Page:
For 27 years, mutual distrust and historic disagreements between Skopje and Athens blocked a path forward. I can tell you from my own experience that the issue was incredibly complex and, by many, considered intractable. Getting to this point, as we know, was not easy. I know personally that many times the leaders involved refused to give up on the process and pressed ahead. The success of the Prespa Agreement is a testament to what hard work and compromise can accomplish if individual leaders demonstrate such leadership.
In particular, Prime Minister Tsipras and Prime Minister Zaev and the Foreign Ministers should be commended on this historic achievement. I trust other leaders in the Western Balkans are taking note of this experience. It proves that deeply-rooted sources of historical conflict can be overcome. Indeed, as one of the foreign ministers was quoted saying, history should be a school, not a prison. Challenges posed by bad actors, by nationalist hardliners, and those who benefit from an environment plagued by weak democratic institutions and endemic corruption can be surmounted – if the vision and the political will are there.
We should all take a moment to imagine what the future of the Western Balkans could look like if leaders across the region build on the momentum from this historic success, leverage it, to advance similar compromises and reconciliation.
Normalization of relations between Kosovo and Serbia under the EU-facilitated Dialogue is indeed the next opportunity to resolve a fundamental fault line that holds back not just those two countries but the whole region. This is a strategic priority for the United States. President Trump himself has called for leaders in both Kosovo and Serbia to see beyond the zero-sum thinking of the past, and move forward together towards a more peaceful and prosperous future. With mutual recognition at its core, a comprehensive agreement to normalize relations will allow both countries to realize their full potential and put the violence of the 1990s firmly in the past.
Both countries, however, risk squandering the best chance in a generation to resolve this issue as their negotiations stall. I repeat here again our call on both Belgrade and Pristina to remove barriers to negotiations and allow the Dialogue to move forward. Part of this has to be Kosovo suspending the tariffs on Serbian and Bosnian goods. To the citizens of Kosovo: we understand your frustration. We understand your desire to control your destiny and to advance Kosovo’s integration into the international system. There is no question of U.S. support for your sovereignty and independence. The United States has invested significant equity into Kosovo’s success as an independent, multi-ethnic, sovereign country. We have stood behind you. Repeatedly. But on occasion, we have come to you with an important request. This is one of those times. The United States, perhaps your closest, strategic friend and partner, believes that reaching agreement with Serbia is the only path forward for Kosovo. The hard fact is, Kosovo can’t get back to its negotiations with Serbia unless it suspends the tariffs, which we believe is in the interest of Kosovo, of the United States, and of the whole region. So it is unfortunate – and, frankly, surprising – that we still have a serious disagreement with the government of Kosovo on this. I fear Kosovo’s stance has done damage to our bilateral relationship, a relationship that we value deeply.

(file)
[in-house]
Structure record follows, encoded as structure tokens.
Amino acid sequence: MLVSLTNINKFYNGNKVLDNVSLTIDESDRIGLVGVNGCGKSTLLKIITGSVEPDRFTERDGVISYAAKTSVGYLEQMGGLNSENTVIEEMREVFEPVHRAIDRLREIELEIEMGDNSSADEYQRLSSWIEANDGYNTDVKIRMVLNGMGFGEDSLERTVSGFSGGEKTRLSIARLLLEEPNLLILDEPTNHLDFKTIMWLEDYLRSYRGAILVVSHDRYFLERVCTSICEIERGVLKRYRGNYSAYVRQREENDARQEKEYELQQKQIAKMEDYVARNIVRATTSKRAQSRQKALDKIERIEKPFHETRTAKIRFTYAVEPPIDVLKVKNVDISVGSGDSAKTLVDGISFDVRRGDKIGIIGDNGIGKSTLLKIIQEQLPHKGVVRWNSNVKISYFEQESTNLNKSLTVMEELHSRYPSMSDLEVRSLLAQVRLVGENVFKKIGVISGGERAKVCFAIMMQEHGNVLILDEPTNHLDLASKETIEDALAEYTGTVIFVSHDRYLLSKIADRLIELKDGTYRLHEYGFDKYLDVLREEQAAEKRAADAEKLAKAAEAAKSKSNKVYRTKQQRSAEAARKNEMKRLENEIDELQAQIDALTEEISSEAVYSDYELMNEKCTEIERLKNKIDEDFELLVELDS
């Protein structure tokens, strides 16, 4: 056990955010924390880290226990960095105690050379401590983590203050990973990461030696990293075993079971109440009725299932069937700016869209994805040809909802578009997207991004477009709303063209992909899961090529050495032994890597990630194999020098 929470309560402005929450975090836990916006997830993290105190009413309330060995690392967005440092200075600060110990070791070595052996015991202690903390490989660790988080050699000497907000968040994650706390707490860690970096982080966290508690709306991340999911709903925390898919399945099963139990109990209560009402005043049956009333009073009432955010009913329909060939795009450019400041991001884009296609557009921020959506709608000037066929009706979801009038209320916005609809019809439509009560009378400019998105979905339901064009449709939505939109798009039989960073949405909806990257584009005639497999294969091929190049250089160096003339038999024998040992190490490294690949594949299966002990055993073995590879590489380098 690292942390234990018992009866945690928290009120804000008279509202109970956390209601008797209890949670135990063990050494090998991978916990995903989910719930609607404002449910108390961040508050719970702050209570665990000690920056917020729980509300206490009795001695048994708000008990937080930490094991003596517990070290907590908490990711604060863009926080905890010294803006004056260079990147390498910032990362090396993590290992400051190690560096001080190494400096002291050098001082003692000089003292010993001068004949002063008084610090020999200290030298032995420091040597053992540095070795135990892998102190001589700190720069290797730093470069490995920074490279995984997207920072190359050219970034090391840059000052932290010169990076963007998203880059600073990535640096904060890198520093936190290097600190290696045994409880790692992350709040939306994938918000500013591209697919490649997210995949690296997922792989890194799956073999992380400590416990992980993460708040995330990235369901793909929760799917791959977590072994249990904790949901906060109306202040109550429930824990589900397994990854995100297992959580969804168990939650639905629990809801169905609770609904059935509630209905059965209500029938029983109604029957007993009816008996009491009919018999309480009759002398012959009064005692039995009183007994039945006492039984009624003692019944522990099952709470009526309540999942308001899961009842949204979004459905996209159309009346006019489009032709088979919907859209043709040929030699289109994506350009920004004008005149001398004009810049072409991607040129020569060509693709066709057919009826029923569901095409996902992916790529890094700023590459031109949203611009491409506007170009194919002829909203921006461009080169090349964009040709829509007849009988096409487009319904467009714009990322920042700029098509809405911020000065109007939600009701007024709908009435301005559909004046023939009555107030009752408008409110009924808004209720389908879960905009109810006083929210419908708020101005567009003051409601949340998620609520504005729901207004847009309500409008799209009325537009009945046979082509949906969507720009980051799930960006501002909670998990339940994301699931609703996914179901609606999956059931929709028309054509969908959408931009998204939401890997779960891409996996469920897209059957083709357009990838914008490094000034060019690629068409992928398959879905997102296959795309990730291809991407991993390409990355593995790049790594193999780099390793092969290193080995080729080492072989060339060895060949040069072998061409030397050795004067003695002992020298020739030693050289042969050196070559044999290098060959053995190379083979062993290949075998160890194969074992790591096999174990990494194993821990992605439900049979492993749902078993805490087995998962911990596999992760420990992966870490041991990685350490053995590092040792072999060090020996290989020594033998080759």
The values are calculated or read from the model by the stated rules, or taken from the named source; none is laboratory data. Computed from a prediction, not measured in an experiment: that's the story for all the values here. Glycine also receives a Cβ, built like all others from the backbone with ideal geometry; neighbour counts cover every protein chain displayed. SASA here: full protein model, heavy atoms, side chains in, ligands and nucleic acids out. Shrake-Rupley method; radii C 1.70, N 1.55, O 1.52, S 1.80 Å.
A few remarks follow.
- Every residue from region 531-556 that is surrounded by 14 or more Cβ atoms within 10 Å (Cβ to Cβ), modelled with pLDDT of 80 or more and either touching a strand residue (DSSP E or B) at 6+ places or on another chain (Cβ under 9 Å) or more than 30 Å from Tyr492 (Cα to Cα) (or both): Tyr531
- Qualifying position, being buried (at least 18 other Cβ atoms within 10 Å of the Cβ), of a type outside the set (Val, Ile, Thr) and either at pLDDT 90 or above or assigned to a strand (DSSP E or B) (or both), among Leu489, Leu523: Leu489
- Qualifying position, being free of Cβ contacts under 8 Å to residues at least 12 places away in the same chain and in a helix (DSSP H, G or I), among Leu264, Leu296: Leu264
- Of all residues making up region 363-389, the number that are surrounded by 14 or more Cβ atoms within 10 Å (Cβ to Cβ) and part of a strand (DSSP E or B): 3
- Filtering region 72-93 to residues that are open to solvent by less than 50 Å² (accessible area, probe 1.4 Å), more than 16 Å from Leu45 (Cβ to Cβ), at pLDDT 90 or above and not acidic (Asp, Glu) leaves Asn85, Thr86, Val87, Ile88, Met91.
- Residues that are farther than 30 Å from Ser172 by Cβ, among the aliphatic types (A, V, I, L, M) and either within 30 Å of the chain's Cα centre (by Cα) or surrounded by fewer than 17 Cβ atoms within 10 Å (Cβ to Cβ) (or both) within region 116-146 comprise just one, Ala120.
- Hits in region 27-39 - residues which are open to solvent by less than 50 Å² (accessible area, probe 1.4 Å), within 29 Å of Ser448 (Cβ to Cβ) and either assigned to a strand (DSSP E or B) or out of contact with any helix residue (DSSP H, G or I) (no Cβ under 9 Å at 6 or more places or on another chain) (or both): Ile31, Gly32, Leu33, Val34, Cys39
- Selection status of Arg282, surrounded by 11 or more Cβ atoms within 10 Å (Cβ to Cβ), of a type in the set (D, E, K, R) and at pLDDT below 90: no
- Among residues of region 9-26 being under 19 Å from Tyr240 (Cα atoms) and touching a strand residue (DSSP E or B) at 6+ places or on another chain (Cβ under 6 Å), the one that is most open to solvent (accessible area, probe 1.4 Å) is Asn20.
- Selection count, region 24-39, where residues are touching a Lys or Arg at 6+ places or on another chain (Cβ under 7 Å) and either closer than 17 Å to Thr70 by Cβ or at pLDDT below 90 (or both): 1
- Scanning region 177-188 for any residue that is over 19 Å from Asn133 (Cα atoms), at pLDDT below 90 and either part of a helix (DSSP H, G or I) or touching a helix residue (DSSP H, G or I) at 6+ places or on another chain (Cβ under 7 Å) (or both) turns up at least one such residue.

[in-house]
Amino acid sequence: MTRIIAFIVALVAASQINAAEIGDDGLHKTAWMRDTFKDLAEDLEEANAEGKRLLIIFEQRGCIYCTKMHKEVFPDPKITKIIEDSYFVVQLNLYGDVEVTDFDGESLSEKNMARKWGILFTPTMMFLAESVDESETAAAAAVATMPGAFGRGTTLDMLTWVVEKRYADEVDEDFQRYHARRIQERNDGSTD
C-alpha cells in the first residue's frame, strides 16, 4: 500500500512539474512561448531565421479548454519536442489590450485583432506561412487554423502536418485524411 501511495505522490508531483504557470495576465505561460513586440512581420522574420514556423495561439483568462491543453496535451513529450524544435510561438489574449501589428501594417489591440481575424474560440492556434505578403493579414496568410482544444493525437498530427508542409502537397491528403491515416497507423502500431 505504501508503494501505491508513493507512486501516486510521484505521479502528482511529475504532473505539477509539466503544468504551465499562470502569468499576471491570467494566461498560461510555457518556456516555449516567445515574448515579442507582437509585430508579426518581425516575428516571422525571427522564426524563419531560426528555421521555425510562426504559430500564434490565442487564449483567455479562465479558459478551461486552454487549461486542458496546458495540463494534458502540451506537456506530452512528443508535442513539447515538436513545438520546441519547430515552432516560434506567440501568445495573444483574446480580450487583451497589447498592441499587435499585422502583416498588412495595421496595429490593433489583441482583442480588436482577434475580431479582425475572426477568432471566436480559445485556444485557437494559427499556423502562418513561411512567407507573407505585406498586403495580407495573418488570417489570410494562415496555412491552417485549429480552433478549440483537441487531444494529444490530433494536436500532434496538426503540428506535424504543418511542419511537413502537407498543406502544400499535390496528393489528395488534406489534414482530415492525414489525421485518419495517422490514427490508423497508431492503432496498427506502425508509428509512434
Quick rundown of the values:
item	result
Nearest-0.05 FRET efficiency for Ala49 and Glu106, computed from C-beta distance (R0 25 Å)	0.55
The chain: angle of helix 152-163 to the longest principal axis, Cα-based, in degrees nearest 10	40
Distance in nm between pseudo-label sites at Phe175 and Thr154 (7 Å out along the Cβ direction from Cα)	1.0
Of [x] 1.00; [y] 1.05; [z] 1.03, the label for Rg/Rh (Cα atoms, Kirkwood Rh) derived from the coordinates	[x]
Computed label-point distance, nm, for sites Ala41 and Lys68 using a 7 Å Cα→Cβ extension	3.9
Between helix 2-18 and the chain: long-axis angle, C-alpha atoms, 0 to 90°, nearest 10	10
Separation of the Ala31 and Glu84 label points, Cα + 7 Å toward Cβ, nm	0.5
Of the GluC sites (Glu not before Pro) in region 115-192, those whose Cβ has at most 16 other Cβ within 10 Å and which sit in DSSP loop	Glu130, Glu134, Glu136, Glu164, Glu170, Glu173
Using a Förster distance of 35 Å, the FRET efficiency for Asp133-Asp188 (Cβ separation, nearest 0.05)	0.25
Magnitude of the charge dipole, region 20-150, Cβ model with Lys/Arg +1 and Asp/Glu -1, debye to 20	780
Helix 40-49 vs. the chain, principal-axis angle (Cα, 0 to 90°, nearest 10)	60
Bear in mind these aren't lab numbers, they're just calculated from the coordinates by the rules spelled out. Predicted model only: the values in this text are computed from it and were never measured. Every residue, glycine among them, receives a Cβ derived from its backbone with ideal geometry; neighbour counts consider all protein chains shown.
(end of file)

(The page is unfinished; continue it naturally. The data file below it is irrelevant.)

So as I start my new duties as Acting Assistant Secretary of State for Europe, it is an opportunity to move ahead. We are not asking for the moon, just a time-limited suspension of the tariffs. Then we can see what can be achieved at the negotiating table. No deal is signed until there is agreement on all its aspects. Kosovo gives up nothing by negotiating; it risks everything by not negotiating.
I also call on Belgrade, which has been aggressive in its rejection of Kosovo, to focus on its strategic interest too. Through its campaign to incentivize countries to withdraw recognition of Kosovo and to block its membership in international organizations such as INTERPOL, Belgrade soured the atmosphere for compromise and progress toward an agreement it needs to reach its own European future.
Kosovo and Serbia must ask themselves, what is the alternative to normalizing relations? Both have the most to lose from a frozen conflict. No deal means reduced security, slower economic growth, and a freeze to the countries’ aspirations to join the European Union. The leaders owe it to their publics to accept the need for compromise and return to the negotiating table, the best place to resolve disputes. I know EU High Representative Mogherini is ready to convene the parties. I was with Secretary Pompeo when we met with High representative Mogherini just a couple of weeks ago in Brussels. Both sides must set their eyes on the future and negotiate a locally owned solution. For any agreement to endure, the international community cannot dictate the terms. The United States is not advocating for any particular formula. Neither are we offering a blank check – any solution obviously must be implementable, durable, and contribute to regional stability. We will seriously consider any agreement the Parties believe meets these conditions and work with the EU and the Parties on a path forward.
Even while efforts to normalize relations are ongoing, other aspects of Serbia’s EU accession process must not lose steam. Belgrade must accelerate reforms necessary to meet all EU conditions. As the EU has said, these include strengthening the rule of law and the judiciary, increasing media freedoms, and improving public administration and democratic governance. We stand ready to help Serbia do these things, as we have with so many other countries in the region.
This imperative to couple courageous, far-sighted, political vision with hard but necessary democratic reforms is a common theme throughout the region. Our NATO Ally Albania has made tremendous strides on its reform path. But it must stay the course – root out corruption, revamp key rule-of-law institutions, reform the judiciary, fight organized crime, and demonstrate that no one stands above the law – in order to formally open EU accession negotiations.